Really Cool Science


Keeping my with environmentally conscious post of a few days ago, I would like to follow up with this article:

Solar power eliminates utility bills in U.S. home

EAST AMWELL, New Jersey (Reuters) – Michael Strizki heats and cools his house year-round and runs a full range of appliances including such power-guzzlers as a hot tub and a wide-screen TV without paying a penny in utility bills.

His conventional-looking family home in the pinewoods of western New Jersey is the first in the United States to show that a combination of solar and hydrogen power can generate all the electricity needed for a home.

The Hopewell Project, named for a nearby town, comes at a time of increasing concern over U.S. energy security and worries over the effects of burning fossil fuels on the climate.

Strizki runs the 3,000-square-foot house with electricity generated by a 1,000-square-foot roof full of photovoltaic cells on a nearby building, an electrolyzer that uses the solar power to generate hydrogen from water, and a number of hydrogen tanks that store the gas until it is needed by the fuel cell.

In the summer, the solar panels generate 60 percent more electricity than the super-insulated house needs. The excess is stored in the form of hydrogen which is used in the winter — when the solar panels can’t meet all the domestic demand — to make electricity in the fuel cell. Strizki also uses the hydrogen to power his fuel-cell driven car, which, like the domestic power plant, is pollution-free.

Solar power currently contributes only 0.1 percent of U.S. energy needs but the number of photovoltaic installations grew by 20 percent in 2006, and the cost of making solar panels is dropping by about 7 percent annually, according to the Solar Energy Industries Association.

The New Jersey project, which opened in October 2006 after four years of planning and building, cost around $500,000, some $225,000 of which was provided by the New Jersey Board of Public Utilities. The state, a leading supporter of renewable energy, aims to have 20 percent of its energy coming from renewables by 2020, and currently has the largest number of solar-power installations of any U.S. state except California.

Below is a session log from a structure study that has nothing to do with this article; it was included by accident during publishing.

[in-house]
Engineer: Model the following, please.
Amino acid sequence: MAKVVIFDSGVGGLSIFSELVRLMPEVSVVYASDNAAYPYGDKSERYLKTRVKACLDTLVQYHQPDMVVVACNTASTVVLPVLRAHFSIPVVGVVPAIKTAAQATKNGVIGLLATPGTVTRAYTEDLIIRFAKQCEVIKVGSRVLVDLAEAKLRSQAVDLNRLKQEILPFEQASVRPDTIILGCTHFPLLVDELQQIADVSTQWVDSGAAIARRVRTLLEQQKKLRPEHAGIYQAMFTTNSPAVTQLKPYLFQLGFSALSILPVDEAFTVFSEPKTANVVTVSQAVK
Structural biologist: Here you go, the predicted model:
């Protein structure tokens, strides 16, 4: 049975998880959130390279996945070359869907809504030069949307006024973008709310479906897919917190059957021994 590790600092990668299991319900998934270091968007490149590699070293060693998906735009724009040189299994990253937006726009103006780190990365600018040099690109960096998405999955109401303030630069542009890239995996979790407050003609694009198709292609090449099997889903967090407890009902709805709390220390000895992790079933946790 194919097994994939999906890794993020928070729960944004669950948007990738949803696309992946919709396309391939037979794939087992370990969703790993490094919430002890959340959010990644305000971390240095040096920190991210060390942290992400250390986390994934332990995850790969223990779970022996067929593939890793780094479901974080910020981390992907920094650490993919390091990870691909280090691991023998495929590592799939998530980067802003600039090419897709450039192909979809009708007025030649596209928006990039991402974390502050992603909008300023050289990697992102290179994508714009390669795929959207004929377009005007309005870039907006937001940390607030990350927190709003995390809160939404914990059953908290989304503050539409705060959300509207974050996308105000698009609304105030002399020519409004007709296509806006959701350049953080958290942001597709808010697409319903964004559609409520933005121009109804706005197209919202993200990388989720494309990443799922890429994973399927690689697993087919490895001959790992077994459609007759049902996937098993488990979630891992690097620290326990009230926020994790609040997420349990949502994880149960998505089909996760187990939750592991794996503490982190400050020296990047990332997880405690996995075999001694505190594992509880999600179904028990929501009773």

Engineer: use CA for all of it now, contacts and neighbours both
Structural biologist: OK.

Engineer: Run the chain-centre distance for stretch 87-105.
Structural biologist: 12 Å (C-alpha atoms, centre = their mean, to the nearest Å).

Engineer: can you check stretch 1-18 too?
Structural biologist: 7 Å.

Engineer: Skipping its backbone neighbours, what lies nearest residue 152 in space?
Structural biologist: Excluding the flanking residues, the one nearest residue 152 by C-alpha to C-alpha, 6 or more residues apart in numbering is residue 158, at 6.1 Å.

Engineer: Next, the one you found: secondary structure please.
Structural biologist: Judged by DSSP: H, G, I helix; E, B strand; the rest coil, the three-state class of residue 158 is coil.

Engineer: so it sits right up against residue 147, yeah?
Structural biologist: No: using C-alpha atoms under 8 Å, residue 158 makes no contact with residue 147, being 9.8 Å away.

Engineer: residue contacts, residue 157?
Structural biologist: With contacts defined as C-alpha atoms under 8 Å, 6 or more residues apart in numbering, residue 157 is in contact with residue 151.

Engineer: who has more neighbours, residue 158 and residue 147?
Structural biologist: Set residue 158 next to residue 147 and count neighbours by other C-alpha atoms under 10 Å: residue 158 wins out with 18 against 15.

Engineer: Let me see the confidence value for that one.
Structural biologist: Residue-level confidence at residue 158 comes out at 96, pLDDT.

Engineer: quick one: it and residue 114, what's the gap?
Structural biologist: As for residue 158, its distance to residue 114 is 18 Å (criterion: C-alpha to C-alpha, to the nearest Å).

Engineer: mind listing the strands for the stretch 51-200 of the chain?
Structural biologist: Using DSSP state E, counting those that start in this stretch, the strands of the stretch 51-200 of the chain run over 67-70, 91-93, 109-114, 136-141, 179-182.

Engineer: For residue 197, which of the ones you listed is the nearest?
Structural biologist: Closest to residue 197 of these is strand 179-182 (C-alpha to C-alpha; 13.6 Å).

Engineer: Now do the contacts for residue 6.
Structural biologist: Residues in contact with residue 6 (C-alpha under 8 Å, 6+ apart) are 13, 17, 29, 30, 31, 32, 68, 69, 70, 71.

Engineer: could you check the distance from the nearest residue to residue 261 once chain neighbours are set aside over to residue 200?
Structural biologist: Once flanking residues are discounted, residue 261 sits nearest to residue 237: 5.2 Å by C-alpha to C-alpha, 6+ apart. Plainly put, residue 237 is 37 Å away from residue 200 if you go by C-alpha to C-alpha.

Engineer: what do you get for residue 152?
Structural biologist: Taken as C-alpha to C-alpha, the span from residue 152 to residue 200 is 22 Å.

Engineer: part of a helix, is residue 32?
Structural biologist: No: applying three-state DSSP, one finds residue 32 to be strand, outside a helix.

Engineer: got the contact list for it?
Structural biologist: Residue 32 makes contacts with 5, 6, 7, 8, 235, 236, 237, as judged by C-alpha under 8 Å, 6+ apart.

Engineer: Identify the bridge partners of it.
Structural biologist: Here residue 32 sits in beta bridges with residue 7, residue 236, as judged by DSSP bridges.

The project also got equipment and expertise from a number of commercial sponsors including Exide, which donated some $50,000 worth of batteries, and Swageloc, an Ohio company that provided stainless steel piping costing around $28,000. Strizki kicked in about $100,000 of his own money.

While the cost may deter all but wealthy environmentalists from converting their homes, Strizki and his associates stress the project is designed to be replicated and that the price tag on the prototype is a lot higher than imitators would pay. Now that first-time costs of research and design have been met, the price would be about $100,000, Strizki said.

But for Strizki and his colleagues, the house is about a lot more than the bottom line. It’s about energy security at a time when the federal government is seeking to reduce dependence on fossil fuels from the Middle East, and it’s about sustaining a lifestyle without emitting greenhouse gases.

For the 51-year-old Strizki, the project is his life’s work. “I have dedicated my life to making the planet a better place,” he said.

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